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BASEBALL'S WEEK
Frank Deford
July 30, 1962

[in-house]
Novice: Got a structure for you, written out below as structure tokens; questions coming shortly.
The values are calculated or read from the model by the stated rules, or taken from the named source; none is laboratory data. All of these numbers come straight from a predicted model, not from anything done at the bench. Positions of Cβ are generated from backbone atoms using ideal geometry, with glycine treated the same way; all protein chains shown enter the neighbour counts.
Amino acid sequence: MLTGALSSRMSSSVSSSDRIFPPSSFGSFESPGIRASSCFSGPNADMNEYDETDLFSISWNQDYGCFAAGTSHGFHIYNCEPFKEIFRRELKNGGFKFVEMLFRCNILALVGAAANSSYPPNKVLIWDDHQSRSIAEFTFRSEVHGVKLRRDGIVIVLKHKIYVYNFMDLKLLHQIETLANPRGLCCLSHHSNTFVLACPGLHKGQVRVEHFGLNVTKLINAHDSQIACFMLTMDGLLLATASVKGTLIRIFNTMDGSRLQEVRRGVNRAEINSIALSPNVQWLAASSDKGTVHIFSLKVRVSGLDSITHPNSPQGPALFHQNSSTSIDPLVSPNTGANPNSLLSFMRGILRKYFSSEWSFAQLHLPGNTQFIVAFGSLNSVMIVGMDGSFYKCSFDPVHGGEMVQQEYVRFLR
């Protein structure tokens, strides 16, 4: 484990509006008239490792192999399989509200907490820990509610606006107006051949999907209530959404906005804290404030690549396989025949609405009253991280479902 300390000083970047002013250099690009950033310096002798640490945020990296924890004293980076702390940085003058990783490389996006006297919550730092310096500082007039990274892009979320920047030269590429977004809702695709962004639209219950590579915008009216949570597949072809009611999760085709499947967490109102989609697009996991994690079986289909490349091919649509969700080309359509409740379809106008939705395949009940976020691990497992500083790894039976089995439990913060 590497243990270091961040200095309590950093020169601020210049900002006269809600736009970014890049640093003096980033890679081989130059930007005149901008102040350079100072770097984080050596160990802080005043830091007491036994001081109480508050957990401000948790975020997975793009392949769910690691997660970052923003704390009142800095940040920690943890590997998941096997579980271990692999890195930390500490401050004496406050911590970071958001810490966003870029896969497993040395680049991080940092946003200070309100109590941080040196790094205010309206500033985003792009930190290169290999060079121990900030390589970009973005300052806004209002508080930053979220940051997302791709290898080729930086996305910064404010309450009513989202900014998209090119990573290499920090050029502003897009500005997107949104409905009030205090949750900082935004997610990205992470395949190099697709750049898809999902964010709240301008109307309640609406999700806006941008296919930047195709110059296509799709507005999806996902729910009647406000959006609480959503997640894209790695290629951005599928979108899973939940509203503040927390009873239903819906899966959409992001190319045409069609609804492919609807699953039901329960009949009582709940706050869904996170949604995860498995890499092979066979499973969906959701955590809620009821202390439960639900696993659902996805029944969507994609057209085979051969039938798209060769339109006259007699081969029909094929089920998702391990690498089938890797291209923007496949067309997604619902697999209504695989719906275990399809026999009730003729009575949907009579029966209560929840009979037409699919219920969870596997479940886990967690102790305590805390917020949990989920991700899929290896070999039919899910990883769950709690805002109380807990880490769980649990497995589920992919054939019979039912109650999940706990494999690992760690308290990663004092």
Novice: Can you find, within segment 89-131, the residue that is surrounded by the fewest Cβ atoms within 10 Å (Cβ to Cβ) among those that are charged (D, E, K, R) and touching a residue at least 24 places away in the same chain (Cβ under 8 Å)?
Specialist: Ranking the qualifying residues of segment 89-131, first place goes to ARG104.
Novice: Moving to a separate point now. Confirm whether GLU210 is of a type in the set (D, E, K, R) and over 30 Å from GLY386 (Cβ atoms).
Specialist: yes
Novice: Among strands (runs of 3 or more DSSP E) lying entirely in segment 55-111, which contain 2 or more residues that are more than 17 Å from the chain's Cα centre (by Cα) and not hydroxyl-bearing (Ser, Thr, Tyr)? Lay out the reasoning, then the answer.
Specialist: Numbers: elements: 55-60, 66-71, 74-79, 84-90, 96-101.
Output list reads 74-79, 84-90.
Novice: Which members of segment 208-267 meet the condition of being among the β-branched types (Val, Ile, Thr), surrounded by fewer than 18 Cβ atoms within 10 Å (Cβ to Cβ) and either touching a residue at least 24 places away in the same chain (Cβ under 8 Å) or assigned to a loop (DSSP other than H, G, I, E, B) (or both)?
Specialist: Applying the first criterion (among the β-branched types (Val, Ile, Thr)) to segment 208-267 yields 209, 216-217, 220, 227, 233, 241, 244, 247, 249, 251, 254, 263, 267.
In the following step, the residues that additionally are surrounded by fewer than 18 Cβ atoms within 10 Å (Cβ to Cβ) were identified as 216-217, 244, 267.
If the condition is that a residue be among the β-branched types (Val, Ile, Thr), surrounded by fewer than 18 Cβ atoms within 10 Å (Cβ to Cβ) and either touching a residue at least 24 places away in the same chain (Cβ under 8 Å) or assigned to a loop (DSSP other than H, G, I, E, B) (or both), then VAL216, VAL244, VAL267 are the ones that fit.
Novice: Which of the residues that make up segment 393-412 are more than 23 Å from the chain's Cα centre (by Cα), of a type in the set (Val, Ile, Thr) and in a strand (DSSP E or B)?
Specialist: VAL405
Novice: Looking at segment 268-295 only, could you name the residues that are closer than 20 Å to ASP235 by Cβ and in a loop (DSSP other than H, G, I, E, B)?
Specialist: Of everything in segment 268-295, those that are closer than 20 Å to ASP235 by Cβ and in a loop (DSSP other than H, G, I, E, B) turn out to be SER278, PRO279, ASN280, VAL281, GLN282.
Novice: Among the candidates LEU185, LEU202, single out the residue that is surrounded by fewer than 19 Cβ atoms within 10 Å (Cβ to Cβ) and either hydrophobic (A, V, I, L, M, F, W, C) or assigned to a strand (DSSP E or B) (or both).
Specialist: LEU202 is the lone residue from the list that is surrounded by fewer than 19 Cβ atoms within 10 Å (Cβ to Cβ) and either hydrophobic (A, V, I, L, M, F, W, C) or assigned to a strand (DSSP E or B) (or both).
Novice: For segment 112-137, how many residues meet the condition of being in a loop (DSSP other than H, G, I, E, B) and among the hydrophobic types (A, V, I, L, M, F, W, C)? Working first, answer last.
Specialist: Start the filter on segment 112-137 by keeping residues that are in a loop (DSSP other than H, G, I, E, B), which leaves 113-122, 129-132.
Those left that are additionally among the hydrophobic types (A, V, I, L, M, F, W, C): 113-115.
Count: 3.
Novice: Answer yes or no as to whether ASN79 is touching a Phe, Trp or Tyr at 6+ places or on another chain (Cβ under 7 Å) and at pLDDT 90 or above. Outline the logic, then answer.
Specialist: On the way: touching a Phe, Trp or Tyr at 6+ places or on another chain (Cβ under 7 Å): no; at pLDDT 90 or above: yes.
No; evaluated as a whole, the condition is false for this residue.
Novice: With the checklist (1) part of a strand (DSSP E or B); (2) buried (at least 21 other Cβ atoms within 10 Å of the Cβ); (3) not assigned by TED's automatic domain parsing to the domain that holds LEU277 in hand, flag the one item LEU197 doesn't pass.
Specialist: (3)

AMERICAN LEAGUE No longer with us anymore, sports fans, is the Great American League Pennant Race of 1962. Last week New York stopped losing and started the wildest runaway in the league since, oh, September 1961. So winning were the Yankee ways that Minnesota, which won all six of its games, wound up losing ground. The Twins were tough because Harmon Killebrew (.474, 3 HRs, 14 RBIs) and Bob Allison (3 HRs, 11 RBIs) were hitting. Once they both smashed grand slams in the same inning, and nobody ever did that before. The Twins moved to third in the stead of the vanishing Indians, who started losing on Friday the 13th and, with an 8.22 ERA for the week, couldn't stop. To make matters worse, the boom-boom Cleveland scoreboard went off to herald a rare Indian homer, and a pigeon was killed by the explosion. Ornithologists will also note that the Orioles won five in a row. Manager Billy Hitchcock said he could detect an "atmosphere in the dugout that we're going to win," whereupon Baltimore lost three of its next four. Kansas City, battling to get out of ninth place, held the first of its "Salute to the American League" nights. Detroit promptly saluted the A's. After having hit .139 in seven straight losses, the Tigers arrived in KC and scored two wins, 8 HRs and 17 runs. Boston almost reached .500, then slumped with a 1-5 mark. Chicago wasn't much better, with a 2-4, despite Juan Pizarro's two-hitter. Ken McBride of Los Angeles had two shutouts, giving him 10 straight wins. Washington got beautiful pitching (2.35 ERA for the week) to win five quick ones in a row. Don Rudolph's win took an hour and 32 minutes; the average game time was a mere 2:12. That's nothing new for the Senators, who have played 12 games this year in two hours or less.